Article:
The David Sprague House was built in 1840 as a cape style, single family home. Today the house stands among the oldest indigenous buildings in South Providence. This handsome five bay façade, center chimney cottage with a sidelight center entrance is typical of the farm dwellings throughout what was once Providence’s rural periphery. The house, listed on the National Register, was one of many in a densely settled Victorian neighborhood that would later witness widespread vacancy.
The house was brought to the attention of PPS at a time when disinvestment in the surrounding neighborhood in addition to plans for a new neighborhood school threatened to demolish the historic home. Community members, eager for a new educational facility, strongly favored the proposal despite necessary damage to the Sprague House. PPS responded to the proposed demolition by including the house on its Most Endangered Properties list from 1998 to 2000. PPS further looked to the Revolving Fund as a means to relocate and rehabilitate the David Sprague House as a residential property.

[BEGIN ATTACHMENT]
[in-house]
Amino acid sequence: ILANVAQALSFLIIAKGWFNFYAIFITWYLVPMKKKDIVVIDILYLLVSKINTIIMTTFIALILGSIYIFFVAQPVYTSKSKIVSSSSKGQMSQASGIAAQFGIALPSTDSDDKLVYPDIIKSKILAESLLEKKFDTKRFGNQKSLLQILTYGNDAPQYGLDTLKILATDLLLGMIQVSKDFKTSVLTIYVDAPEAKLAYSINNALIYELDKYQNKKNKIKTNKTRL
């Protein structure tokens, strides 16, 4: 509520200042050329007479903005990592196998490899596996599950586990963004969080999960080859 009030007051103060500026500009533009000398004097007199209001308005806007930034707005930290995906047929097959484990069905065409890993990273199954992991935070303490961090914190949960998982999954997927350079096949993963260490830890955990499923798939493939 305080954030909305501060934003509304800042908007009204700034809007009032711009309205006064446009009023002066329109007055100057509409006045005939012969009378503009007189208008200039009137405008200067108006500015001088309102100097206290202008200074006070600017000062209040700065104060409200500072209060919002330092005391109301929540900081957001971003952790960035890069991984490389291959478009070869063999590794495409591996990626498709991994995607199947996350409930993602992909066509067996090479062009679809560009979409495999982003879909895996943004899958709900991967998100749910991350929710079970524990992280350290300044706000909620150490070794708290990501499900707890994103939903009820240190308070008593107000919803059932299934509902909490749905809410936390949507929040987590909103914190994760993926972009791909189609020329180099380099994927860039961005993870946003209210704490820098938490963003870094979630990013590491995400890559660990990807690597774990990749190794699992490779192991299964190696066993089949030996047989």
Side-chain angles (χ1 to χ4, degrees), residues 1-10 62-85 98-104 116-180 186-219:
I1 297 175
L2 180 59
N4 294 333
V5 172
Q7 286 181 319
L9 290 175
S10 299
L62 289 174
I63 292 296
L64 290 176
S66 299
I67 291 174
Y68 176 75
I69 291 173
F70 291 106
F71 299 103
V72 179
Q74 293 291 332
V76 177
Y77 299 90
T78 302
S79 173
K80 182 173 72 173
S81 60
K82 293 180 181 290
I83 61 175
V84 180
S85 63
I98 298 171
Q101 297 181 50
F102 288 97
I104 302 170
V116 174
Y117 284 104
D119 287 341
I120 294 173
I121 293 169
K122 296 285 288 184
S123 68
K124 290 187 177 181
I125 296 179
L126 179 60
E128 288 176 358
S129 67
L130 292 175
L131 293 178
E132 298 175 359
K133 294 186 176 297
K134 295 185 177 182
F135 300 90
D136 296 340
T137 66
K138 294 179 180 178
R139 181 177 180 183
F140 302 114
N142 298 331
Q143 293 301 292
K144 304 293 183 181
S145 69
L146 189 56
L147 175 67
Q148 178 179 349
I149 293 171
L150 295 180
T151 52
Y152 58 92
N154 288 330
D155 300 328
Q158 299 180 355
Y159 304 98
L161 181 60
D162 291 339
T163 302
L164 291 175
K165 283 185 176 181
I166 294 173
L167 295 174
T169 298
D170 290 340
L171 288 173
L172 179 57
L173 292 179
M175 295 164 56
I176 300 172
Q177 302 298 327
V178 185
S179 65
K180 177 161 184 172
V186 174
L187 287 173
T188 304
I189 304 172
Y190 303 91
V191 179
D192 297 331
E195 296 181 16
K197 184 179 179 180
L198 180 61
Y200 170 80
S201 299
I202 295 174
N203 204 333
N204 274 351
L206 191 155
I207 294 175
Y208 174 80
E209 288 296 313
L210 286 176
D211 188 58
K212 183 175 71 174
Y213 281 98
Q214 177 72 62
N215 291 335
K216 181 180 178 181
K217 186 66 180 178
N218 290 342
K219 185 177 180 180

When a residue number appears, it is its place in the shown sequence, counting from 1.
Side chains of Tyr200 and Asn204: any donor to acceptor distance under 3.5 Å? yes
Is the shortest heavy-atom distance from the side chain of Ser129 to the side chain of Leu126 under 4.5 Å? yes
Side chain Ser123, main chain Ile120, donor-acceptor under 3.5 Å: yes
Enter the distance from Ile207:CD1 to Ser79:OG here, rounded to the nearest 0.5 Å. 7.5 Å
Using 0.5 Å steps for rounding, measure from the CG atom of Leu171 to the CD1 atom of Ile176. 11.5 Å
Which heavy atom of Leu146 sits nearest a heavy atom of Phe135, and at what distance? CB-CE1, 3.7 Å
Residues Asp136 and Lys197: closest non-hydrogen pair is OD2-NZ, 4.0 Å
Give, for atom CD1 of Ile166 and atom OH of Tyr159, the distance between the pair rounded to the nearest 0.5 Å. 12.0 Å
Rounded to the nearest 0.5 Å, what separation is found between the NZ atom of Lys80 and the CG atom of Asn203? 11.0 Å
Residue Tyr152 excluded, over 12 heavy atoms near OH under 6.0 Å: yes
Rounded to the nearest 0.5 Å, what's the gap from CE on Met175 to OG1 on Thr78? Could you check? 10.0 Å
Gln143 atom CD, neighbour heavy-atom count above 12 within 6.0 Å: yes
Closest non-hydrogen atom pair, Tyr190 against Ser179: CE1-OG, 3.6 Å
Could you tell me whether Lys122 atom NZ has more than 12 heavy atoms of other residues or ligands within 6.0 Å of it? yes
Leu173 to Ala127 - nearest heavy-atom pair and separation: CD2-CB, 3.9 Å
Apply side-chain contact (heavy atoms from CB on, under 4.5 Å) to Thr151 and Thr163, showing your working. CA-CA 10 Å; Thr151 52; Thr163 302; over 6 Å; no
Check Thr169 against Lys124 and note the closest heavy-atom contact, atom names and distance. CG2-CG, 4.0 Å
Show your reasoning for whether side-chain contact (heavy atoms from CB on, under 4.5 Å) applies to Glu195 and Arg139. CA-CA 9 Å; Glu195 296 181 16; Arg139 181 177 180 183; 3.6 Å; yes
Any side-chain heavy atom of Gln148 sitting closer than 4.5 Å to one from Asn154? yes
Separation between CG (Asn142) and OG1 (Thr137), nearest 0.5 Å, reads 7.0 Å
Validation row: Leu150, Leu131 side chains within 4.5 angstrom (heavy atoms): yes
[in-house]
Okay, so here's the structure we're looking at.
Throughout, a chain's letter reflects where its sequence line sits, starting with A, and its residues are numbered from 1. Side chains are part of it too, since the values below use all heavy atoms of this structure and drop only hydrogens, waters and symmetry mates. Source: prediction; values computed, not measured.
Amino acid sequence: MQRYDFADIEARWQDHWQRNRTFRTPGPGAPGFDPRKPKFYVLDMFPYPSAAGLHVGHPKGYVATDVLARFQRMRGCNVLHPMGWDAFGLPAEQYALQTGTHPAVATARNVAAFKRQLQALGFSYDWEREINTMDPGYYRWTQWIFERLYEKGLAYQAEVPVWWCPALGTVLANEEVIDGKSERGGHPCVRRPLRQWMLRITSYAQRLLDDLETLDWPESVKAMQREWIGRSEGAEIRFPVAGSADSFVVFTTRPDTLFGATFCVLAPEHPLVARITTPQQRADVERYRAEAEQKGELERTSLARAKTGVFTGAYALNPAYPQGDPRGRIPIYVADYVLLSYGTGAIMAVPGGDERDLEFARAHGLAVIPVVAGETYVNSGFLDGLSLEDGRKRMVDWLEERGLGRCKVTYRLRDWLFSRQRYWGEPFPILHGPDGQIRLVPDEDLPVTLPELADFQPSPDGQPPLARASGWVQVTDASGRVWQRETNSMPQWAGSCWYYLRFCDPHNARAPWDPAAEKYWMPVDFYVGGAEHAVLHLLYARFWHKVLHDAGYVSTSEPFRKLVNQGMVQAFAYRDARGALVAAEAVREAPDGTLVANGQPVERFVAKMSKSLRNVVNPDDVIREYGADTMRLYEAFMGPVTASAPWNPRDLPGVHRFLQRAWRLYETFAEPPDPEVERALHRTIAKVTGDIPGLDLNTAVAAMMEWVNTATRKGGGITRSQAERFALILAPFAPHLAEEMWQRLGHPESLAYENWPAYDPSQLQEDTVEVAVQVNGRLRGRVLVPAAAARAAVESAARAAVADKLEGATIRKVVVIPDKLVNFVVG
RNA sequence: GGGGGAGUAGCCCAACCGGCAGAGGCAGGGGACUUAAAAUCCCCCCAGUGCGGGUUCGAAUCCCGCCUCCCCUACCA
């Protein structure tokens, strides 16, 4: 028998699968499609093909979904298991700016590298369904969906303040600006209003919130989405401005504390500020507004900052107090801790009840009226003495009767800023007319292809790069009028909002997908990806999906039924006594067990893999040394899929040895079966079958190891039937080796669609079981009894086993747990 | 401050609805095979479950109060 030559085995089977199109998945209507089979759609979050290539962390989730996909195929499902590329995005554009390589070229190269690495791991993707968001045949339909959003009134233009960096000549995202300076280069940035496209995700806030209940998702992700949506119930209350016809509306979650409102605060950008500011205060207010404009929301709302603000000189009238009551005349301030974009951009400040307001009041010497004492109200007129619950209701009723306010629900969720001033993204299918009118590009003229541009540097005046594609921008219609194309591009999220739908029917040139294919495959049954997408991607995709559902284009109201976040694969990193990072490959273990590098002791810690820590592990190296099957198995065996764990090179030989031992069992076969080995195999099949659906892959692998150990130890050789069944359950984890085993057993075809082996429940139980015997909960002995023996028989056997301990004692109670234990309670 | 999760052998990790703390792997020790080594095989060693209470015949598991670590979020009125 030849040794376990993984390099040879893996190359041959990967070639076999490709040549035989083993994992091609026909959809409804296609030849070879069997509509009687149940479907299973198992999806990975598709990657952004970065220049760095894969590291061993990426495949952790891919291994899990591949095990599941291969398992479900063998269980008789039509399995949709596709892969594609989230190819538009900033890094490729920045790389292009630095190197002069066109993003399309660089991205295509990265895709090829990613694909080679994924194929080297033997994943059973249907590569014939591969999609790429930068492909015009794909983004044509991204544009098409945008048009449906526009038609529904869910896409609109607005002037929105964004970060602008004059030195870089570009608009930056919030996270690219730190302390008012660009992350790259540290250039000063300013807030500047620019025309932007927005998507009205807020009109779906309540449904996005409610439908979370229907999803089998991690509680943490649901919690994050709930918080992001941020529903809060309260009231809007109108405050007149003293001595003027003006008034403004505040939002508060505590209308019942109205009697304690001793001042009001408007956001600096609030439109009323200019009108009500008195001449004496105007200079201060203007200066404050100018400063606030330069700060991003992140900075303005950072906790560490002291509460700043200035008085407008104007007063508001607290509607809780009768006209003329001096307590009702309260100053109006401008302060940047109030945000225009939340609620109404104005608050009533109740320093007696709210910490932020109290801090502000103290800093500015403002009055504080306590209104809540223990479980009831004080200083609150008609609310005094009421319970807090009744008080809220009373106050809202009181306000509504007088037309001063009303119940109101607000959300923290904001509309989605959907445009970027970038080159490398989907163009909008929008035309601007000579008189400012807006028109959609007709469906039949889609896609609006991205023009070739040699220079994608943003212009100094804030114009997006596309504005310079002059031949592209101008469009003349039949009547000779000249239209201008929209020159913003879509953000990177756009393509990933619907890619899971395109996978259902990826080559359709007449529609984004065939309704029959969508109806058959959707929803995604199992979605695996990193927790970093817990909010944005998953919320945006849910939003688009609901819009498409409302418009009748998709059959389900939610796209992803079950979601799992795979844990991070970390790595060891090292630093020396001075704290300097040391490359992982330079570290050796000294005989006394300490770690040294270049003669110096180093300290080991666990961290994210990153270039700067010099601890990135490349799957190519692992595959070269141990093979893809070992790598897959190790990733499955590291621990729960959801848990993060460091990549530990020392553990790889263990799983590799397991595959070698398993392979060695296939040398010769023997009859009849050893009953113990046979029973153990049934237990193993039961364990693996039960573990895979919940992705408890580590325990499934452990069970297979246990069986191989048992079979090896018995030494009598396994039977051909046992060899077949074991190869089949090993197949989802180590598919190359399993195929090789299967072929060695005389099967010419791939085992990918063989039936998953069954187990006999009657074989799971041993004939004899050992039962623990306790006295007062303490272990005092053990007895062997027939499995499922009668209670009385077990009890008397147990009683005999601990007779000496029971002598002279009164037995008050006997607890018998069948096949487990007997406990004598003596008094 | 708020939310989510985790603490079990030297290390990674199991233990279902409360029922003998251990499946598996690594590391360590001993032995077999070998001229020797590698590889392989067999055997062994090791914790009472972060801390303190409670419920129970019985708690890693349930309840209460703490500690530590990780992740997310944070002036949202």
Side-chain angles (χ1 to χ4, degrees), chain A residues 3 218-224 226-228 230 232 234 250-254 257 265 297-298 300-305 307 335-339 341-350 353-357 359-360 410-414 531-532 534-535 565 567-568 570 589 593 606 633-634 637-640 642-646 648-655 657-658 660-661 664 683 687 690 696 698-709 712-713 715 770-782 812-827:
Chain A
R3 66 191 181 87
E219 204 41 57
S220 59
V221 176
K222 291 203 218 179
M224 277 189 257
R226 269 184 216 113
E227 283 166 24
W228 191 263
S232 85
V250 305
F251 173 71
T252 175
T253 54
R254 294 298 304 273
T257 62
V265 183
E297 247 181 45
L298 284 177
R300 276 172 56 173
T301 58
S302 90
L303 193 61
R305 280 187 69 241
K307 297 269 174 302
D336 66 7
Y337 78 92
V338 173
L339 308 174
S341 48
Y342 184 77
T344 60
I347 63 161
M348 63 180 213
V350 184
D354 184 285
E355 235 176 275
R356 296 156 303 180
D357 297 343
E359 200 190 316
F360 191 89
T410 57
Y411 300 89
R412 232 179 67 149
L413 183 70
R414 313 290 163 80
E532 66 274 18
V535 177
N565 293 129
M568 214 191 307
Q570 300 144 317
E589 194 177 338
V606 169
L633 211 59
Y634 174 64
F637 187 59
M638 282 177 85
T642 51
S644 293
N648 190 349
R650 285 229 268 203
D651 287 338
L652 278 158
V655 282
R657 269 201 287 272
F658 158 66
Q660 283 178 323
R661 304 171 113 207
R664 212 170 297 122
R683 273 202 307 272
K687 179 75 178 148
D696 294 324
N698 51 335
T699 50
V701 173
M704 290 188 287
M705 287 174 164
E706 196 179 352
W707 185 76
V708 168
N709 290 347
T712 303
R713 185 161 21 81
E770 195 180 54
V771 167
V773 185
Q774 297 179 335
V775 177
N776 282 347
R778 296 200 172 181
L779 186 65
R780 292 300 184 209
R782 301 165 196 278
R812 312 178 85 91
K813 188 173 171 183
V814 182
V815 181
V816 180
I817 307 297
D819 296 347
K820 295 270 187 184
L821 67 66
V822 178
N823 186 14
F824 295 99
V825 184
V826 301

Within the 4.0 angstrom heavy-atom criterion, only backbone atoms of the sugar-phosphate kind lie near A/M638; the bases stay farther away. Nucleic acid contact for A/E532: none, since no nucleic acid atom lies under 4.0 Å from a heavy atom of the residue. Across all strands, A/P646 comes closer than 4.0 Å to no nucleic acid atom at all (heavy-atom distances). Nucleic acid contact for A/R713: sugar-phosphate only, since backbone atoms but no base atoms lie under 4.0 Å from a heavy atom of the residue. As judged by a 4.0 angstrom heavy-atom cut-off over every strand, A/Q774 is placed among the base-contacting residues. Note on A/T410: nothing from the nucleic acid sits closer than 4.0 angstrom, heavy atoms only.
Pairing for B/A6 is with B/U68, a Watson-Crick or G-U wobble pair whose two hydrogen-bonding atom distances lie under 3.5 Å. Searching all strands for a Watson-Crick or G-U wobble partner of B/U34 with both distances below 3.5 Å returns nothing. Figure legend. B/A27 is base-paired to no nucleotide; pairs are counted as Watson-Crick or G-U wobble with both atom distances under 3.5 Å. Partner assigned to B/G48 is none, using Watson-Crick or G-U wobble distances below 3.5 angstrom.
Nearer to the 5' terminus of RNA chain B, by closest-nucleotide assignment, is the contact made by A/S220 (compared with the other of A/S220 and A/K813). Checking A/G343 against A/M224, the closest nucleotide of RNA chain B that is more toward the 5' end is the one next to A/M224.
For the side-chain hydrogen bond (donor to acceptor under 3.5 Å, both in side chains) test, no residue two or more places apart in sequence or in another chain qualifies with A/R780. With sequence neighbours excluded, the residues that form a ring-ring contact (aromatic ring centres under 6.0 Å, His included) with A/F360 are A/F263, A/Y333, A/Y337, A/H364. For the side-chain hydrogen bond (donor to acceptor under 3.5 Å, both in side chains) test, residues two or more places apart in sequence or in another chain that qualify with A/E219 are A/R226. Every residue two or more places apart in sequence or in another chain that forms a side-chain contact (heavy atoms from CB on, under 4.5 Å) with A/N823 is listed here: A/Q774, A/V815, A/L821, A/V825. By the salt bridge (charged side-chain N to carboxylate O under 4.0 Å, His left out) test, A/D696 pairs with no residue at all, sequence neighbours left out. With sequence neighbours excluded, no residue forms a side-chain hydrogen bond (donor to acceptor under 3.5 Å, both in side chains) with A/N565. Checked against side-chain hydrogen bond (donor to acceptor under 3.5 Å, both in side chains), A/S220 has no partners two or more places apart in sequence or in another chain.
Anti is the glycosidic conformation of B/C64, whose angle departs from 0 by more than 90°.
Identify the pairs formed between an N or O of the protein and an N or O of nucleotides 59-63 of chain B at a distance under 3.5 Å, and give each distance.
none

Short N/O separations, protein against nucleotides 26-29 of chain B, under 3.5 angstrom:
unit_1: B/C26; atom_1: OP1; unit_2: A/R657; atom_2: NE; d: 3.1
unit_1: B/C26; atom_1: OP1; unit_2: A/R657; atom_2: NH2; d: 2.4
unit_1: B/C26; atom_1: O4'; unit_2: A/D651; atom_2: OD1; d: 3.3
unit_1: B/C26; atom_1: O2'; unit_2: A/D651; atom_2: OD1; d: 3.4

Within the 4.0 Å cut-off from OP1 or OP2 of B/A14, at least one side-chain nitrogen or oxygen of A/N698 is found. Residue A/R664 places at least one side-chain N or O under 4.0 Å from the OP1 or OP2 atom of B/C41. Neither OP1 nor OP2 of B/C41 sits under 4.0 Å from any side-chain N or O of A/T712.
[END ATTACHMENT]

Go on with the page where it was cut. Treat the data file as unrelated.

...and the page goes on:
SAVED: The Harvard-Dartmouth-Comstock Streets Project included the David Sprague House in its plan to rehabilitate Upper South Providence by restoring old buildings while constructing new. Its sponsor, OMNI Development Corporation agreed to relocate the David Sprague House in order to save the house from demolition. OMNI is a community development corporation that rehabilitates historic property as affordable rental housing. The Sprague house has since been moved to 7 Harvard Street where the HDC Project has created forty-three units of affordable housing. Preservationists widely regard the David Sprague House’s MEP listing as among the primary factors that prevented its demolition.